Firstly, the allure of a growing middle class, combined with the era of cheap external funding, induced new entrants and existing local competitors to build too much capacity. Competition limits price increases and forces companies to spend more on marketing and distribution, which lowers margins. Secondly, as Nestlé has admitted, companies overestimated the rise of the middle class. The initial fast-paced growth, which came after a previous cycle of underinvestment, is going to be harder to replicate. It will be a gradual process for the ’emerging middle-class consumer’ to change her traditional consumption patterns and start the day with a branded box of breakfast cereal. Today’s crossroads between the old and new ways of life are often seen by the roadsides, or in large open-air markets, in a country where modern retail trade accounts for only about 10% of sales. In these settings, a cash-strapped small-scale retailer or trader prefers to buy and stock the products they have sold before, often eschewing new products.
An environment of accelerated sector-wide capital investments bodes well for sellers of capital equipment but not for stock market investors – especially if, as we believe, valuations are already discounting high growth expectations. We are willing to wait indefinitely when our assessment of intrinsic value is below market expectations.
Opportunity amidst threats
We have no exposure to the large Nigerian consumer stocks but we have been increasing our overall exposure to Nigerian equities significantly. We are no less aware of the challenges that Nigeria faces and our approach isn’t blind optimism. Rather, we are focused on individual companies and we rigorously scrutinise their ability to weather the storms. We are invested in Seplat, a Nigerian oil company with good cash flows and a robust balance sheet in an out-of-favour sector that is ripe for acquisitions. We have also increased our holdings in select Nigerian banks.
Nigeria’s banking sector also stands to benefit from the structural consumer tailwinds by providing banking services to the value chains of suppliers, manufacturers, logistics providers, retailers and traders.
However, in contrast to the consumer stocks, the news flow on Nigerian banks over the last five years has almost always been bad. Nigeria’s unorthodox monetary policy has come at the cost of profitability of the banking sector. Over the last five years, the Central Bank has maintained the monetary policy rate at around 12% to 13%, but aggressively adjusted the cash reserve ratio (CRR). This is a specified minimum of total deposits held as cash reserve at the Central Bank earning zero interest, and has the effect of tightening monetary policy by draining liquidity from the banking sector. At the end of 2010, Nigeria had a uniform CRR equal to 4% of total deposits. This was hiked to 8% in 2011 and to 12% in 2012. By 2013, the Central Bank made a distinction and imposed a 50% CRR on public sector deposits and maintained 12% CRR on private sector deposits. This was increased again in 2014, and by the end of the year stood at 75% and 15%. Earlier this year, the Central Bank set a uniform rate of 31%.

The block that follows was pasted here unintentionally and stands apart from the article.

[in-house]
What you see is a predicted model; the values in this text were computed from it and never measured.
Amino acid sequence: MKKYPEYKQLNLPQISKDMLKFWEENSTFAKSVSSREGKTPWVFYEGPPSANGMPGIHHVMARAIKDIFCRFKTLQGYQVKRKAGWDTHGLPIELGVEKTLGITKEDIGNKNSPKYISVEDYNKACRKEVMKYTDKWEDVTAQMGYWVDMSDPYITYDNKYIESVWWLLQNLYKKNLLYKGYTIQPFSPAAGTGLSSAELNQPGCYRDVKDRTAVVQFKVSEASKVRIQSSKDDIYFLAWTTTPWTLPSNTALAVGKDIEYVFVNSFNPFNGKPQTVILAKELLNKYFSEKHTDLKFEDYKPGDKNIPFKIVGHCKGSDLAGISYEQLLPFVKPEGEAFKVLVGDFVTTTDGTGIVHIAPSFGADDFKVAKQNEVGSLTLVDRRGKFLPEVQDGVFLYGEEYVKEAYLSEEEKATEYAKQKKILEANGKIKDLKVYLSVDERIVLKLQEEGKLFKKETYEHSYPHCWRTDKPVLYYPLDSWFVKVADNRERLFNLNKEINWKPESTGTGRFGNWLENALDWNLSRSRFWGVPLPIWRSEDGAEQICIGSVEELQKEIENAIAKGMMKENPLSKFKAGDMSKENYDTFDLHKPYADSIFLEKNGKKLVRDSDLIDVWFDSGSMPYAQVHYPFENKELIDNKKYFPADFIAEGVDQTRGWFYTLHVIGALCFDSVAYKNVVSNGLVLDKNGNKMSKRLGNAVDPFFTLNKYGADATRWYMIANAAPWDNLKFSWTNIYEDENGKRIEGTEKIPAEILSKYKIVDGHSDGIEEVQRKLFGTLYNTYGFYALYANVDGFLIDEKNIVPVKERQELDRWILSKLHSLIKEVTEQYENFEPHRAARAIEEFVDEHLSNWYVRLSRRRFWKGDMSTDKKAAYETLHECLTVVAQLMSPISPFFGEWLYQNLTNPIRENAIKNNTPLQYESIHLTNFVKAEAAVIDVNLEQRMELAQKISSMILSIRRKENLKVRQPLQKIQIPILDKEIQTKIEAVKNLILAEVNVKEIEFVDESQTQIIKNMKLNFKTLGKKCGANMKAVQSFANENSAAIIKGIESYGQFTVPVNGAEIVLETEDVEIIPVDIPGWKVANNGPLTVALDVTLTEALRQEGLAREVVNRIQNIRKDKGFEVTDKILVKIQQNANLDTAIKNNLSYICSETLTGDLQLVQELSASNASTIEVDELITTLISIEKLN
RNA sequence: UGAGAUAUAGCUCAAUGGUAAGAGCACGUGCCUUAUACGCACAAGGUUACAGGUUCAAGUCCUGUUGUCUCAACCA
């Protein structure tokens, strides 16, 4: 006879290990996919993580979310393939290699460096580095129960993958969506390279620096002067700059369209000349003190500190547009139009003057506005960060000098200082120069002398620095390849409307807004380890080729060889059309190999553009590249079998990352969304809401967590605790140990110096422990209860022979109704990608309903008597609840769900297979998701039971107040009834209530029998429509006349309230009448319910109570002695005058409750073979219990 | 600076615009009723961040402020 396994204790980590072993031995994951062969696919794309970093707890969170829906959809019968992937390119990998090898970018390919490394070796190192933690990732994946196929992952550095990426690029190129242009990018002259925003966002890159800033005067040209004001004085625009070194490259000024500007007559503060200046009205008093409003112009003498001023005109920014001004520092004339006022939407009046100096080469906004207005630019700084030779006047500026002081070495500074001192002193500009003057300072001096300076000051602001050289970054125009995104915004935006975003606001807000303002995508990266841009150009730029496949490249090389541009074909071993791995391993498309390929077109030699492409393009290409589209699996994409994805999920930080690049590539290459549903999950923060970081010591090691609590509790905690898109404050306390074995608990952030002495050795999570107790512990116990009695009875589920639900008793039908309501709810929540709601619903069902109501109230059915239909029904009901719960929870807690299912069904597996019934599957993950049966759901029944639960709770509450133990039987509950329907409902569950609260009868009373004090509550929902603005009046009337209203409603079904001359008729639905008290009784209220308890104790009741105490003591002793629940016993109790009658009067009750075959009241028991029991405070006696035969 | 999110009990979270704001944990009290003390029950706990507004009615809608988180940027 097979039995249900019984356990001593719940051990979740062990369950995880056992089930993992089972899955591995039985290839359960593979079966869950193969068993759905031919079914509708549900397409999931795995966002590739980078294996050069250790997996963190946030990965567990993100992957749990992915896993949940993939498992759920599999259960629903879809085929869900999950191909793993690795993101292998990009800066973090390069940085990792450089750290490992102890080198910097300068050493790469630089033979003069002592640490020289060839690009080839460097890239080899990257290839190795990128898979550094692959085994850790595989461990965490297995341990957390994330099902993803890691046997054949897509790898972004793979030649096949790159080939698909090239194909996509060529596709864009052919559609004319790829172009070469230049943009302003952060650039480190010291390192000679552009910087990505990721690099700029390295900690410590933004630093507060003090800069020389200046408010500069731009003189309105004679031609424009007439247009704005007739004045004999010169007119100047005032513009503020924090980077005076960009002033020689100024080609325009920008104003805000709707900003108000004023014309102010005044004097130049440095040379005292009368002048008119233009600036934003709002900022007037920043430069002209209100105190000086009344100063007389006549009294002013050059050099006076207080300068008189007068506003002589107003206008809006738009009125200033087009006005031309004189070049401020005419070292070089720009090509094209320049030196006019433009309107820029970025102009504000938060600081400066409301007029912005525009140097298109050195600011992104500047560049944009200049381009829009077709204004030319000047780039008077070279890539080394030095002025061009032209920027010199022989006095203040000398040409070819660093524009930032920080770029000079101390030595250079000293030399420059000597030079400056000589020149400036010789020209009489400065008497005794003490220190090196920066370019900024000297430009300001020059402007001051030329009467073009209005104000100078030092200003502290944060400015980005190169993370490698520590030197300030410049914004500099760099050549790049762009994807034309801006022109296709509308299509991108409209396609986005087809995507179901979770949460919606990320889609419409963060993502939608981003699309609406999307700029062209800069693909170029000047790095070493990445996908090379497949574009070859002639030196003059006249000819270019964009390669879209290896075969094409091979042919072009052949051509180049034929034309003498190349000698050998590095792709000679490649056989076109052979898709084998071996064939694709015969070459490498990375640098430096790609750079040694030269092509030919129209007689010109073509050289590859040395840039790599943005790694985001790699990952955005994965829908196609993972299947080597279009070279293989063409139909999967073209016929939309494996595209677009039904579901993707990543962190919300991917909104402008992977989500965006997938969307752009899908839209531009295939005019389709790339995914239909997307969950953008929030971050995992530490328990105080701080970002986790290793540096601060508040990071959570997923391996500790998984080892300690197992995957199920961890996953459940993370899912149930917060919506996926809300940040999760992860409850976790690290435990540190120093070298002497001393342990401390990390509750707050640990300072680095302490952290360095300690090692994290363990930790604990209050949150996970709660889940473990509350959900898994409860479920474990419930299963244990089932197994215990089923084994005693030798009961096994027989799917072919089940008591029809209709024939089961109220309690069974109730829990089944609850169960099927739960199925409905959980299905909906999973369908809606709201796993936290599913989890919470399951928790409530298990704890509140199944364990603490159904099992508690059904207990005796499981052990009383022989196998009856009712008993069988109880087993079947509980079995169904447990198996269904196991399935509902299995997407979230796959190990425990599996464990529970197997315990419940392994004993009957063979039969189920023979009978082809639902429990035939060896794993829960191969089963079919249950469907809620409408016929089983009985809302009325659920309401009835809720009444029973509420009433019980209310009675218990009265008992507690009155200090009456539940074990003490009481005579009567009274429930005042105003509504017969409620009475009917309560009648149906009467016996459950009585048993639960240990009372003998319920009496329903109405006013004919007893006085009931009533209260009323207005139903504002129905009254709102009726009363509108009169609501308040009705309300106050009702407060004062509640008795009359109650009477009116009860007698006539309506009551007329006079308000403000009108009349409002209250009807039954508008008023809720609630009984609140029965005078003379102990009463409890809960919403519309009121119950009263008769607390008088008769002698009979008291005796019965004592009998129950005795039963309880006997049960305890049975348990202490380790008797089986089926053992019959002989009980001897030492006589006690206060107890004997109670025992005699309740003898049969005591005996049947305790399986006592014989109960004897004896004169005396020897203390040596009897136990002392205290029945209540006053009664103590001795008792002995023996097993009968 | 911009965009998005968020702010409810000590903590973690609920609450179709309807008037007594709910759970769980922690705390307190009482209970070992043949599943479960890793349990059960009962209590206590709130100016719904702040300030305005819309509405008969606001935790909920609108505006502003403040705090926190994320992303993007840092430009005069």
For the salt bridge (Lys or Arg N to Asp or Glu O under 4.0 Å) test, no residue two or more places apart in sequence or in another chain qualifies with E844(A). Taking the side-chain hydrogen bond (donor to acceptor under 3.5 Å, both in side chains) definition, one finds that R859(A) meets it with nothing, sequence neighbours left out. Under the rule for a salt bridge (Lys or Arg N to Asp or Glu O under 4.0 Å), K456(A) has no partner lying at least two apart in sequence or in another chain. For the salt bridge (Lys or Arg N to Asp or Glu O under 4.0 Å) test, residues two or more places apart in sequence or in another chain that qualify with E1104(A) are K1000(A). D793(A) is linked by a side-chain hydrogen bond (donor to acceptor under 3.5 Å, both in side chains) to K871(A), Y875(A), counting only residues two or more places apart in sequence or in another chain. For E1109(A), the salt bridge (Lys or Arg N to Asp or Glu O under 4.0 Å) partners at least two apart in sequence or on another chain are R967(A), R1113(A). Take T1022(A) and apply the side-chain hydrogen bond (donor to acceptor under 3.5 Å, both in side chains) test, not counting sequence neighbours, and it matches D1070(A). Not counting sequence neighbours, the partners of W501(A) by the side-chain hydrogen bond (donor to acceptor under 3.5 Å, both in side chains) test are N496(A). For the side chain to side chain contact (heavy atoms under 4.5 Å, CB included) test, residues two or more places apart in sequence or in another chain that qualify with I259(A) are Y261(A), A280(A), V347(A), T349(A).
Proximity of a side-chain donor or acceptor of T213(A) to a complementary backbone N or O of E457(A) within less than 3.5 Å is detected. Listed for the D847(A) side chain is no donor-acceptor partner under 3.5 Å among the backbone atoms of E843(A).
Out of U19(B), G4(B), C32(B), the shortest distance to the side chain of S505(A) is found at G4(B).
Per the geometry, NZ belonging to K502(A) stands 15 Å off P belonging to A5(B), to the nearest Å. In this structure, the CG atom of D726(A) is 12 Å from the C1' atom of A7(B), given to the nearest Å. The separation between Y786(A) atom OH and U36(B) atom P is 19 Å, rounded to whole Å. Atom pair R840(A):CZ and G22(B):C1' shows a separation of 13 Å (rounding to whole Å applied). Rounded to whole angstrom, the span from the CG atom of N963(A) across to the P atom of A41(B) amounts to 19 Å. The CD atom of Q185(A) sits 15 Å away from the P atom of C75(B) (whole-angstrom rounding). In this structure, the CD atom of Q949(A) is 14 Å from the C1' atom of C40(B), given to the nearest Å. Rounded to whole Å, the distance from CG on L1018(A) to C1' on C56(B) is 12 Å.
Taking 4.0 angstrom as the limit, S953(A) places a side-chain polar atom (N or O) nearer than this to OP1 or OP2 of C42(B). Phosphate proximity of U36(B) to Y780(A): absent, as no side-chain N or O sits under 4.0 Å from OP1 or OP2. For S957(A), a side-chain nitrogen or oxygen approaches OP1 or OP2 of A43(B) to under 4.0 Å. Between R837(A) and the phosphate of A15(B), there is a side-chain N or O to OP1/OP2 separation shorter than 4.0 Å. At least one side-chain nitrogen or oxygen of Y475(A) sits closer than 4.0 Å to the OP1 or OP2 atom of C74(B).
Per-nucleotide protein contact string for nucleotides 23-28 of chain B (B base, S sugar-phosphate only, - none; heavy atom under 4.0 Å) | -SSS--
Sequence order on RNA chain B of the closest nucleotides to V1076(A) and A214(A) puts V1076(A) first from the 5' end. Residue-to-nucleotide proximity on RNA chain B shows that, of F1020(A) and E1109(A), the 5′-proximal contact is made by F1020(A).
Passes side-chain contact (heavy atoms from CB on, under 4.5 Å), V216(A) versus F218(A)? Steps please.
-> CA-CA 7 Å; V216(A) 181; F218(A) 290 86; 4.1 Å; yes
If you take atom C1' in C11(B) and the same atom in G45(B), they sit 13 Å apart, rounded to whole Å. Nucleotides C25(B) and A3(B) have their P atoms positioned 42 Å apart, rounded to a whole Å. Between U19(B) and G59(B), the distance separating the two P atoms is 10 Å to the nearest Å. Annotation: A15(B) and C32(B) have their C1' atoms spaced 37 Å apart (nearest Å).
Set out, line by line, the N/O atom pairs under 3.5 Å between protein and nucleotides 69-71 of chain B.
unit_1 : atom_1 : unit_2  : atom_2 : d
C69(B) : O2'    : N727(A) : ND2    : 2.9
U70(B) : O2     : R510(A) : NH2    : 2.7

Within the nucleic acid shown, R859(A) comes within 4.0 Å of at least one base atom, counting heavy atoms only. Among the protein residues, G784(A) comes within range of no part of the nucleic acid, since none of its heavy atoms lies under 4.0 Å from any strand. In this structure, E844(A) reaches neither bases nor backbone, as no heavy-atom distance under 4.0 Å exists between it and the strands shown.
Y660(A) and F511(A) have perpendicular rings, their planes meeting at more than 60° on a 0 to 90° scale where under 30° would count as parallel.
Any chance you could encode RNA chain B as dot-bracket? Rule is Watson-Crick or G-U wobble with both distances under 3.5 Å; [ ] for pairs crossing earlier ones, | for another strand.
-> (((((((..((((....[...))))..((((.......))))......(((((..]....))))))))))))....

You get the picture – travelling down a rocky and unpredictable regulatory path unnerves most investors. However, despite the CRR and other recent regulatory constraints, the profitability of top Nigerian banks has been remarkably resilient, as shown in Graph 2. In part, it is a story of sector consolidation and the strong banks capturing a bigger part of the growing pie. Competition has reduced from over 150 banks in the 1940s to 89 by 2004 and 21 banks currently. Further, after the 2008/2009 banking crisis, there has been a ‘flight to quality’, with depositors moving their funds from the perceived weaker banks to top banks. For these leading franchises, their market share of industry deposits has increased from around 20% in 2001 to over 50% in 2014. We believe these top banks have attractive long-term prospects in a nascent banking market (banking assets/GDP equal to less than 15%), and are attractively priced at 1.1 times book value and 5.3 times earnings. Banks are a proxy for the macroeconomic uncertainty and our Nigerian holdings have impacted negatively on our recent performance. We do not have extraordinary insights into when the underlying fundamental challenges will be resolved. But the early signals are encouraging: a new government appears determined to improve efficiency in the oil sector and nudge industry to reduce import dependency.
Our long-term, rational view, based on bottom-up analysis of value, can uncover opportunities even more so in frontier markets, where investors switch between extremes of fear and greed. In a memorable passage from Things Fall Apart, agrarian villagers faced by a locust swarm in Achebe’s fictionalised village of Umuofia turn the threat into a great feast after roasting and drying the insects like their ancestors had done. Achebe’s ancestors knew the virtue of patience and that even a grim situation can bear great opportunity.